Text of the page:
MS: I was definitely thinking a lot about the traditions and tropes of the landscape genre, whether it be painting or photography. I wanted to adopt some of the familiar methods of composition, clarity and seductive color, while also revealing a story or exploring subject matter that is maybe not so pretty. Initially, I think I was subconsciously channeling a lot of the USGS [United States Geological Survey] photographs from the mid to late 19th century. I’ve always been fascinated by those early photographs, which were intended to be more descriptive or scientific than aesthetic or artistic. The irony, I suppose, is that most of the early survey photographs were intentionally devoid of the Indigenous presence to advertise the false notion of a pristine and open frontier.
Many of the sites I was able to identify and visit for the project didn’t have any visual evidence of a cultures’ previous existence. Most of the mounds, earthworks, and/or remnants of dwellings were eradicated either by plowing, development, excavation or simply erosion. As you move through the book, there are images in the sequence of mounds and earthworks that still exist. These few remaining structures remind us that the landscape we are living in was once, and still is, very sacred and important to other cultures. Interestingly, as the project moved west, the sacred and ceremonial forms in the landscape became actual geological landmarks, like Devils Tower, Bear Butte, Shiprock or Canyon de Chelly. These images of familiar physical monuments on the land help connect the ones without any record and hopefully keep you engaged and aware throughout the book. And, as you mentioned earlier, this new awareness hopefully infiltrates your daily life beyond the pages of the book.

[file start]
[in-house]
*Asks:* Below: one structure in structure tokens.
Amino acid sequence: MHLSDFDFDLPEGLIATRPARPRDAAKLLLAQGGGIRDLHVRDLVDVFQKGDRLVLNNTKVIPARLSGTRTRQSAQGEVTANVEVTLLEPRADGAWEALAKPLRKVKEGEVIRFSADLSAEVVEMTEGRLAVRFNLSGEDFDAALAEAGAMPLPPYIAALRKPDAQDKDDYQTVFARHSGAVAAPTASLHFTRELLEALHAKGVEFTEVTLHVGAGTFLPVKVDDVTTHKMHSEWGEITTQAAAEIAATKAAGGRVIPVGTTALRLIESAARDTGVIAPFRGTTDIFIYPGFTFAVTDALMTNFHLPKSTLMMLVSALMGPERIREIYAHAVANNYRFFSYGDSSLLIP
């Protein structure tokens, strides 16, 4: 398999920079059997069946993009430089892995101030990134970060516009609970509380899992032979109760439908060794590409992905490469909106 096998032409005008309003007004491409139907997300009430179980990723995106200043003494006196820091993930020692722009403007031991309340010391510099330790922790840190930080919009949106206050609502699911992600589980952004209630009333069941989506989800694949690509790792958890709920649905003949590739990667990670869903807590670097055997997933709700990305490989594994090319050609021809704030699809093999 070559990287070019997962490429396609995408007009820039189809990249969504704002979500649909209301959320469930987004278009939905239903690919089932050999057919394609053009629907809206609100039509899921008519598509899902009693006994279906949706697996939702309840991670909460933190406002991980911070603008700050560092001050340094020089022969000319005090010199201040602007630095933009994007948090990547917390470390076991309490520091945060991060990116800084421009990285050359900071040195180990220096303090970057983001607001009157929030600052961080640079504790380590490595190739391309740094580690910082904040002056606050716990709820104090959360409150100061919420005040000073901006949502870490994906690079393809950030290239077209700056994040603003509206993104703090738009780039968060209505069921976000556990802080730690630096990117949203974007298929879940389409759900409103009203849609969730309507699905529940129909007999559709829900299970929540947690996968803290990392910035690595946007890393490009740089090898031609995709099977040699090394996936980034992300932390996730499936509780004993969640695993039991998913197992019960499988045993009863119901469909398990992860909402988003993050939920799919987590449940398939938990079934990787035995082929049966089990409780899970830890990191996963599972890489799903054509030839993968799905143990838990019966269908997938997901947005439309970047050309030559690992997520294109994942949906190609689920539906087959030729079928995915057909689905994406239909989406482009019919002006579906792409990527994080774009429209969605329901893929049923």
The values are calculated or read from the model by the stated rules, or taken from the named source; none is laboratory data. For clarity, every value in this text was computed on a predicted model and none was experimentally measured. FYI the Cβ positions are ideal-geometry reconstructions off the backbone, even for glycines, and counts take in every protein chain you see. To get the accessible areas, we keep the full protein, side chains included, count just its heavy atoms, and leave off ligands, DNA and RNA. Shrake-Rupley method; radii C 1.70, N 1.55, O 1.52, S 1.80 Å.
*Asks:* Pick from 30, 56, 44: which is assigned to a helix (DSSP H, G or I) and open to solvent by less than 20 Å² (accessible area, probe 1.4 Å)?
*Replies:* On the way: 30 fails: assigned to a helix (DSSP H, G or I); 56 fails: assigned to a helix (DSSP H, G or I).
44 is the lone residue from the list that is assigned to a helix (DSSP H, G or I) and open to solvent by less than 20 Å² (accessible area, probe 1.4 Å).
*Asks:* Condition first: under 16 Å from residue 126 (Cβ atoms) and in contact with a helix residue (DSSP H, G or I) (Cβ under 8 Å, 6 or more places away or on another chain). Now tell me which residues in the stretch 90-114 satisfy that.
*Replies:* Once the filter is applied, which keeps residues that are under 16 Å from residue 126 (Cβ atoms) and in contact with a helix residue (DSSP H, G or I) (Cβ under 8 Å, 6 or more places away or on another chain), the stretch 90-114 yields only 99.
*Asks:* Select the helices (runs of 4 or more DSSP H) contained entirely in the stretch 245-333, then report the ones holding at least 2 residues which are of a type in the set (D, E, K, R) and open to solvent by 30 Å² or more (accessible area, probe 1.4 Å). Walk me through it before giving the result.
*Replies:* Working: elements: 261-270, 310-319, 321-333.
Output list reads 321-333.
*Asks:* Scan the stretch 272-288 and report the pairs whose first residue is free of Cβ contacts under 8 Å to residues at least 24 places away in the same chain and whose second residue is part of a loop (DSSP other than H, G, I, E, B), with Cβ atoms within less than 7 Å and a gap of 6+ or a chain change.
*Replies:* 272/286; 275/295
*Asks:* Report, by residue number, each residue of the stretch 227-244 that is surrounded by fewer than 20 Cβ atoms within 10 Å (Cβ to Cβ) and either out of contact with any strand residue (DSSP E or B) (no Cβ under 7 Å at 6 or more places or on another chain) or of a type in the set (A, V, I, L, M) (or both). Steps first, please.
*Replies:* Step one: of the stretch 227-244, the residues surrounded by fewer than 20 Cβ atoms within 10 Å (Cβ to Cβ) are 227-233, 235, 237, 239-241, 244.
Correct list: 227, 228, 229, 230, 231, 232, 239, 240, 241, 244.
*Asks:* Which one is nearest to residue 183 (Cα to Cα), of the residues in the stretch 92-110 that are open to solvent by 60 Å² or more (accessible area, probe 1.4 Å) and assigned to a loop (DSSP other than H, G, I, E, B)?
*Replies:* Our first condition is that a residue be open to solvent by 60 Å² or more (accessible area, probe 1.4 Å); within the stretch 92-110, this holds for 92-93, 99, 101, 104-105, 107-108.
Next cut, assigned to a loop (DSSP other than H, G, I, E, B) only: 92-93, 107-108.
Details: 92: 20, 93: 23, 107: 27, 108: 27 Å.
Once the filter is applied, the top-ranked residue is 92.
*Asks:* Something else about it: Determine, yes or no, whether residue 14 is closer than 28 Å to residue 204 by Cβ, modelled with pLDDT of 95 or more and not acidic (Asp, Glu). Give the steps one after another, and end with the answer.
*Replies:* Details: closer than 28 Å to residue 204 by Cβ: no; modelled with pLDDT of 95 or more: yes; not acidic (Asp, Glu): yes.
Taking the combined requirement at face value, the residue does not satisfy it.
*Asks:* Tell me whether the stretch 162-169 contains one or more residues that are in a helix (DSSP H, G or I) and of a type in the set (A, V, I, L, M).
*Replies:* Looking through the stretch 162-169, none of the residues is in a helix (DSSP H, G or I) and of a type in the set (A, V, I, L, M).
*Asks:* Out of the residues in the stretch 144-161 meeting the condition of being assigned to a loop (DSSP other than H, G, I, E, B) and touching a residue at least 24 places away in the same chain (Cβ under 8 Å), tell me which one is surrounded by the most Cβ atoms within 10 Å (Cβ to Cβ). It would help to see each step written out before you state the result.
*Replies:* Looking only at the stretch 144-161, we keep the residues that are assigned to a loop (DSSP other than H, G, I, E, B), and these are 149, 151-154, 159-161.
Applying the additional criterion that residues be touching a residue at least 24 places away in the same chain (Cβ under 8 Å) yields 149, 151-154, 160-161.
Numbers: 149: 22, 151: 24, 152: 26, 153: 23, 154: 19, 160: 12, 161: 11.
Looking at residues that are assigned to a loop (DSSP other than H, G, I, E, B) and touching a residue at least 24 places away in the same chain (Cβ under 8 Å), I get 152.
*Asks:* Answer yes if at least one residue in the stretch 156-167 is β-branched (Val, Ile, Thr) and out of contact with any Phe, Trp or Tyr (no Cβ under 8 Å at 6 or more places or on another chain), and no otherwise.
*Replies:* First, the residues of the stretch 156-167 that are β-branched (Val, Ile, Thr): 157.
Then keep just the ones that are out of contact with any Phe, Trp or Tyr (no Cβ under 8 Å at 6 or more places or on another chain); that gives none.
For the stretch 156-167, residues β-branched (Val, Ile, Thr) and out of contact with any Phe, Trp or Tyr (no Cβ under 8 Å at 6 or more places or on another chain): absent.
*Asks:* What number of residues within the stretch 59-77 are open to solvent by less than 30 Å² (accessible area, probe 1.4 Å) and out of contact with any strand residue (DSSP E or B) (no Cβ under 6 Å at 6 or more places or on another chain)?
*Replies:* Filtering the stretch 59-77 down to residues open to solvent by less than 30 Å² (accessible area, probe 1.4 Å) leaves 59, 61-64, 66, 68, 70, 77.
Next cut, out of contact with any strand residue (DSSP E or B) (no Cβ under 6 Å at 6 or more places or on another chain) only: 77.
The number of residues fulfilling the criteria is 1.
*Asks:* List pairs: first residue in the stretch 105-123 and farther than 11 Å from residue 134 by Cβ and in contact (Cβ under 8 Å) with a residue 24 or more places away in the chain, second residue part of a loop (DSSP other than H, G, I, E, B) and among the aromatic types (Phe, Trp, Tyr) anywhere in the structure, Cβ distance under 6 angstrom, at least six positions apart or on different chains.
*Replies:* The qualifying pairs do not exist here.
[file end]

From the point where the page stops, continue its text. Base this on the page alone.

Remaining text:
CF: Right, yes. Your comment about the USGS photographers is interesting. I hadn’t made the connection, but I am struck by a certain emphasis on linear perspective throughout the book. Many of the compositions feature very exacting spatial geometries, and even some of the more off-kilter images like Stump, Great Miami River leverage perspective to achieve a particular visual effect. I took this to be the more literal (but perhaps less obvious) meaning of “vanishing points.”
Survey photographers like Timothy O’Sullivan used similar strategies to communicate objectivity, casting the landscape as a rational grid. I wonder, at the risk of sounding like an art historian, what function perspective serves in your work?
MS: I think perspective, as a way of looking at things, is always there. There are choices made in the field that are intuitive, unconscious and subjective that naturally inform your perspective. At the time the stump image was made, the project was beginning to grow and I was recognizing that a lot of the images looked alike in terms of compositional arrangement. I wanted to loosen up the series a little and diversify the narrative with varying kinds of images. There were also lots of times when I arrived at a site and the scale of it was just beyond a single image, or there simply wasn’t anything that caught my eye. I spent a lot of time walking around each site, looking at it from different angles, wondering how I might capture it best. Oftentimes, it was a detail in the landscape, rather than the full view that resonated more with me and seemed to illustrate the story of the land in a symbolic or metaphorical way.
CF: Is that how Artifacts came about?
MS: Yes, in a way. I was also thinking a lot about the study of archaeology and material culture, looking at images of ancient artifacts, visiting museums and sifting through archives. One of the very first sites I visited was the Criel Mound in South Charleston, WV, which is surrounded by a busy four-lane road, shops, restaurants and a car dealership. The mound is situated in a small park and when I was walking the grounds I noticed quite a bit of garbage strewn about. Initially, I just started picking up the garbage as an act of respect, and I ended up with a bag full of discarded matter. For one reason or another, I couldn’t throw this stuff away and I ended up collecting more debris at subsequent sites.